1. Create a new sprite from the resources/cancel-button.png costume.
  2. Change the sprite’s name to clear.
  3. Position the sprite near the bottom-left corner of the stage.
  4. Give the clear sprite this simple script:

when this sprite clicked
clear

Test Your Project

Click on the green flag.

Does the clear button clear all your drawing?

Save your project

STEP 3: Changing colour

Activity Checklist

So far, we can only draw blue lines. Let’s draw with some different colours! We’ll add some sprites at the bottom of the frame. The sprites will look like coloured buttons. If we click on a button, it will change the colour of the line we draw. So we know what colour we’re using, the button will also change the colour of the pencil sprite.

  1. Add a new sprite, called red, using the resources/red-selector.png costume.
  2. Place it somewhere along the bottom of the frame, near the clear button.
  3. When the red sprite is clicked, it should broadcast the message red.

when this sprite clicked
broadcast [red v]

Yes, that’s all it does. The hard work is done by the pencil.

In the pencil, upload a new costume, resources/red-pencil.png. Set the costume centre to be the tip of the pencil as you did for the original costume.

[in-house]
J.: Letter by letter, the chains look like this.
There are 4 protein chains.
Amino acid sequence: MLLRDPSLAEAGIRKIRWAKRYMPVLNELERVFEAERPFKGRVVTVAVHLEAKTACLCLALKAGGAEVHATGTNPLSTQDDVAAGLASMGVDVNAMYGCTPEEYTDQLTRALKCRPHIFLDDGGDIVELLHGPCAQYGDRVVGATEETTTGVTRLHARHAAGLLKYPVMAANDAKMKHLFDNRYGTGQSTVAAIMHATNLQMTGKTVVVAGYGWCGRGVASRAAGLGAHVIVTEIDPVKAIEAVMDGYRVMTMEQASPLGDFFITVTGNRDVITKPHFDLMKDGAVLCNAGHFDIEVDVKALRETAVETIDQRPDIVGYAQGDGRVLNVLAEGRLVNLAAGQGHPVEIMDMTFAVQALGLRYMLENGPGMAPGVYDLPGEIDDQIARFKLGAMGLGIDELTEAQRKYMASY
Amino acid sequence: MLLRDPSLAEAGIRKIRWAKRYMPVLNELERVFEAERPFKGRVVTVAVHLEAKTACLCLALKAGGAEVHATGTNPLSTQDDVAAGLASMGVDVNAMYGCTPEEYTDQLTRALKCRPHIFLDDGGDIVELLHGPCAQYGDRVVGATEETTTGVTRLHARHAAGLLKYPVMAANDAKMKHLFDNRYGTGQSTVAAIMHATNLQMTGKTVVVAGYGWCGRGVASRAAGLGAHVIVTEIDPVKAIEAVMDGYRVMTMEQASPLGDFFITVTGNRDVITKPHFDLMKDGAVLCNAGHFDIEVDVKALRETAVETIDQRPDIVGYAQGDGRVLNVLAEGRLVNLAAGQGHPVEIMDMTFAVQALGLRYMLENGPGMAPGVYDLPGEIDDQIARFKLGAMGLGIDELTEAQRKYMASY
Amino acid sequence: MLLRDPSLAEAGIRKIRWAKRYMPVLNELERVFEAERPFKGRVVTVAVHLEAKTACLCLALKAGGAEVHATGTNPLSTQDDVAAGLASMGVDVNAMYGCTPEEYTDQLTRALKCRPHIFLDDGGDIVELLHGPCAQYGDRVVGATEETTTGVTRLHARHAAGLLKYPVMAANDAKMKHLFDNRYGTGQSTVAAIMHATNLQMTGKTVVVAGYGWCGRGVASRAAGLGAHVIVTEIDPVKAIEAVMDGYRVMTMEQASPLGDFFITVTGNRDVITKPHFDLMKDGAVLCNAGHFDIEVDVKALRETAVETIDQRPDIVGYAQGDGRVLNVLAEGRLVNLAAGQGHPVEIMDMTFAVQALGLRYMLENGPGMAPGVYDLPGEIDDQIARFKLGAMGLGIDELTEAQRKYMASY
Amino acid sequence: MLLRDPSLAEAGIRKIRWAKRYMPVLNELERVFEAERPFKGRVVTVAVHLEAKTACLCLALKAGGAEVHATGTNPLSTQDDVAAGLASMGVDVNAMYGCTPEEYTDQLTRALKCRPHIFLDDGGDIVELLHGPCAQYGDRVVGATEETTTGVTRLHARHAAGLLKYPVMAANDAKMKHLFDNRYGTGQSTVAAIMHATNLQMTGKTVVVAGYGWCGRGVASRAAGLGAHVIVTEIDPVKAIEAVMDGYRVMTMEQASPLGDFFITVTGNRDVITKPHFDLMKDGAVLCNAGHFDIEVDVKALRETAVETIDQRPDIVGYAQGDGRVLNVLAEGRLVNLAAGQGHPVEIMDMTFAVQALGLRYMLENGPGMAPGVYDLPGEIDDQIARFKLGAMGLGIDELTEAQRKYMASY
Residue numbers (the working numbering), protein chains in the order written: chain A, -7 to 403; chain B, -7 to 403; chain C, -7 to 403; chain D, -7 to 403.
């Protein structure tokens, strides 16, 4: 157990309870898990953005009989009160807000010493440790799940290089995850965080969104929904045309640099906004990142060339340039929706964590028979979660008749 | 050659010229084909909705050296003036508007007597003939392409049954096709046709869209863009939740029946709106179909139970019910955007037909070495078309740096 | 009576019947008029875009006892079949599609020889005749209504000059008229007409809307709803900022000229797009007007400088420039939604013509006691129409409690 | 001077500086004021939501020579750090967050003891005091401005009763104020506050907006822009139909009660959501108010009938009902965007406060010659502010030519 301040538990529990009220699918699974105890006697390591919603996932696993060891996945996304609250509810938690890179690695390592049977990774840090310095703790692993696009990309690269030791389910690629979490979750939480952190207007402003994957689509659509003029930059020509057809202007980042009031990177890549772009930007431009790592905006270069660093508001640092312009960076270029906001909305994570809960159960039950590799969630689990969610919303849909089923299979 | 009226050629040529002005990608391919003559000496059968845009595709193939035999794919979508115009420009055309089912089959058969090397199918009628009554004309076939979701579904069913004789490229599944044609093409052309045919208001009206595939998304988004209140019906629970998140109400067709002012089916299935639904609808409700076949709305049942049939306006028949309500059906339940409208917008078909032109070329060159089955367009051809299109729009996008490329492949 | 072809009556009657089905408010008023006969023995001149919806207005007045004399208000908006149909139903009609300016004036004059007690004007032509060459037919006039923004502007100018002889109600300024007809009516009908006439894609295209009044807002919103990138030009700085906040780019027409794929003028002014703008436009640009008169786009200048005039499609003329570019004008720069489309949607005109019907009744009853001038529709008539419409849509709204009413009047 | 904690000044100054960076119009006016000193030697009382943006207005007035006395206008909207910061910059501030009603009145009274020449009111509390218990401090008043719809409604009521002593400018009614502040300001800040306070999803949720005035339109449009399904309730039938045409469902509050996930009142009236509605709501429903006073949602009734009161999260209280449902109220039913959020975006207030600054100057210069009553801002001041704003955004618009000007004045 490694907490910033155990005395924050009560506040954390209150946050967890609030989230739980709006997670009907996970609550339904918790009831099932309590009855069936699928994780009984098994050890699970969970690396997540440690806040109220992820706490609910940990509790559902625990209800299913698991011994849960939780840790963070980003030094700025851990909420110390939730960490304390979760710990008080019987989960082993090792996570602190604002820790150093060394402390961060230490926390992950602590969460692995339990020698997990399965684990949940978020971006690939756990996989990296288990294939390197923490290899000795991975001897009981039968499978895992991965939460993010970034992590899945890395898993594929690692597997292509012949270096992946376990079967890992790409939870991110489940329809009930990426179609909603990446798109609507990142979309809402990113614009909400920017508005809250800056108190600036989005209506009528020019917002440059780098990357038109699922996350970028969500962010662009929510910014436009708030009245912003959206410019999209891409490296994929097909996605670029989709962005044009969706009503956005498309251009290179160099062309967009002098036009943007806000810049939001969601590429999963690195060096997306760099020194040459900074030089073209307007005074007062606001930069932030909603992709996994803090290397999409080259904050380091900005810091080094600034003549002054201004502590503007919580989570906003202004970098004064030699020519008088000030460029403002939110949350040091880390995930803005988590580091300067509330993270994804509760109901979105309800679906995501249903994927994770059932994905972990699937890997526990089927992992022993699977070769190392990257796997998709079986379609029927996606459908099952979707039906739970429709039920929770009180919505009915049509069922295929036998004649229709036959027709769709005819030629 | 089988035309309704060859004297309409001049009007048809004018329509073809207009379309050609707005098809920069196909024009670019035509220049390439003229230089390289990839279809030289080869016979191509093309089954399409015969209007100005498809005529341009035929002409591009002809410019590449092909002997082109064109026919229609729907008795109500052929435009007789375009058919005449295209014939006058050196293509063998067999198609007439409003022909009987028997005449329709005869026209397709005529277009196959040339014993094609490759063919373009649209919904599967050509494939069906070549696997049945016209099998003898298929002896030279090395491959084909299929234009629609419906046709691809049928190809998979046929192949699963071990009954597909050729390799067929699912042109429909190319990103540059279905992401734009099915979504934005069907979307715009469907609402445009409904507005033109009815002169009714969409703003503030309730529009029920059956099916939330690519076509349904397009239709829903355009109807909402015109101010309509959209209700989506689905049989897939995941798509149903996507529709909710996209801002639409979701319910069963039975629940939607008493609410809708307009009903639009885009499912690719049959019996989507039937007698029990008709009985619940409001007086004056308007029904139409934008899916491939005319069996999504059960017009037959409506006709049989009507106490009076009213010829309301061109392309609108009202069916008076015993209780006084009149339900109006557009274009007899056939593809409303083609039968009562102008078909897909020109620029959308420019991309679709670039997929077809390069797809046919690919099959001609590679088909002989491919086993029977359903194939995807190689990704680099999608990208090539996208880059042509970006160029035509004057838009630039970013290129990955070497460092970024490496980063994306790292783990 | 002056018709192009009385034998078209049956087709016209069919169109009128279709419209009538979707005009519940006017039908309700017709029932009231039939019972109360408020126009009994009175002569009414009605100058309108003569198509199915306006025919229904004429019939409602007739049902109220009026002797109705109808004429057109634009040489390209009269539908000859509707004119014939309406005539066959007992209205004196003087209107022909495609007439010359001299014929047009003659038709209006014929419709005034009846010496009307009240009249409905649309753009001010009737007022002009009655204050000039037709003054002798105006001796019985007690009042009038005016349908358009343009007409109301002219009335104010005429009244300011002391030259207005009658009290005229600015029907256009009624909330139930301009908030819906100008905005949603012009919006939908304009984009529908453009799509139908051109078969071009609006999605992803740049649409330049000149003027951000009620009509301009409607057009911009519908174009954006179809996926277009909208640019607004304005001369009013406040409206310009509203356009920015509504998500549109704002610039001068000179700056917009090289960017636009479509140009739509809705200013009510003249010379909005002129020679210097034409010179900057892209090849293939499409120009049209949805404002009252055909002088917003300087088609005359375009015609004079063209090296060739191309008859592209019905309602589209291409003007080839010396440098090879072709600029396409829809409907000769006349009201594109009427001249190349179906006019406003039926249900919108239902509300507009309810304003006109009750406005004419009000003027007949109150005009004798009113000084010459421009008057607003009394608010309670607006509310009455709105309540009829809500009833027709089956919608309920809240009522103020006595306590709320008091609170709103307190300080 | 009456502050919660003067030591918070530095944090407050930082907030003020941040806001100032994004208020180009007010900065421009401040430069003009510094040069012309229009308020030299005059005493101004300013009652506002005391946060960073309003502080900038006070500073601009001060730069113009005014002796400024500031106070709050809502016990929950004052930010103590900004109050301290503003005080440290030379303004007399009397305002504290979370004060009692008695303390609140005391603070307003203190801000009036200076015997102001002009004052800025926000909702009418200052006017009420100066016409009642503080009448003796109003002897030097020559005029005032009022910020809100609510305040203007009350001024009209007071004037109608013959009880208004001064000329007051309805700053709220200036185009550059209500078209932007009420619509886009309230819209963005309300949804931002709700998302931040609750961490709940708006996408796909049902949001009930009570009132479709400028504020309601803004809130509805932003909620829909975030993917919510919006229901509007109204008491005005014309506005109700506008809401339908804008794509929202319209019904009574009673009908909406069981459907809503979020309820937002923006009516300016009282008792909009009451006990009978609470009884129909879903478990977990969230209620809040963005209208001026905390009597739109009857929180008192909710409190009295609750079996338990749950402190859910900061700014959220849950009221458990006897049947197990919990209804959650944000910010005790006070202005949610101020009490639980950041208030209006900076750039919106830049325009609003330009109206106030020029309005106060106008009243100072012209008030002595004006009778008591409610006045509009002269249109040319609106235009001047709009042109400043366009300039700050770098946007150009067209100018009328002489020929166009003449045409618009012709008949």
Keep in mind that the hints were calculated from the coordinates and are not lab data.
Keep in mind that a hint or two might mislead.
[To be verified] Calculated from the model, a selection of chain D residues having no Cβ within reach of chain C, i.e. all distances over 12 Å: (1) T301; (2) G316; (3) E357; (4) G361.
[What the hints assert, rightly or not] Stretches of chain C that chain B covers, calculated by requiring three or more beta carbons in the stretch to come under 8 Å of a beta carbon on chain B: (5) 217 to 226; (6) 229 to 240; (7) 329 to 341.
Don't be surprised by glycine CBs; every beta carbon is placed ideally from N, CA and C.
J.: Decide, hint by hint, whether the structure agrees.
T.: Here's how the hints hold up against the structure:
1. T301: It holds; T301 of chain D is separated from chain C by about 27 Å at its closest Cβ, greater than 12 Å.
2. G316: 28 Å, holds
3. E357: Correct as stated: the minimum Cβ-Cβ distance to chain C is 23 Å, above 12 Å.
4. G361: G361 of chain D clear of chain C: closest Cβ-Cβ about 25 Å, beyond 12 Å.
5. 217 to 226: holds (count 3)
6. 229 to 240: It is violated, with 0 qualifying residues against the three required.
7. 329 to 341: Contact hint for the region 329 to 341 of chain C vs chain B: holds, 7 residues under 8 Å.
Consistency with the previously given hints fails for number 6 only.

1. Add a new script to the pencil. When the pencil receives the message red, it should change to the red pencil costume and change the pen colour to red (using the set pen color to block).

Hint: if you click on the coloured square in the set pen color to block, you can
click the red button sprite to make sure it’s the same colour.

when I receive [red v]
switch to costume [red-pencil v]
set pen color to [#FF0000]

Test Your Project

Click on the green flag.

Start by drawing a line. Then click on the red selector sprite and draw some more. Does the pencil change costume? Does it now draw red? Does it draw from the tip of the red pencil?

Save your project

  1. Repeat what you just did for the blue, yellow, and green selector sprites.

Test Your Project

Click on the green flag.

Do all the selector buttons work? Do they all change the pencil’s costume to the right colour? Do they all make the pencil draw in the right colour? Do all the costumes draw with the tip of the pencil?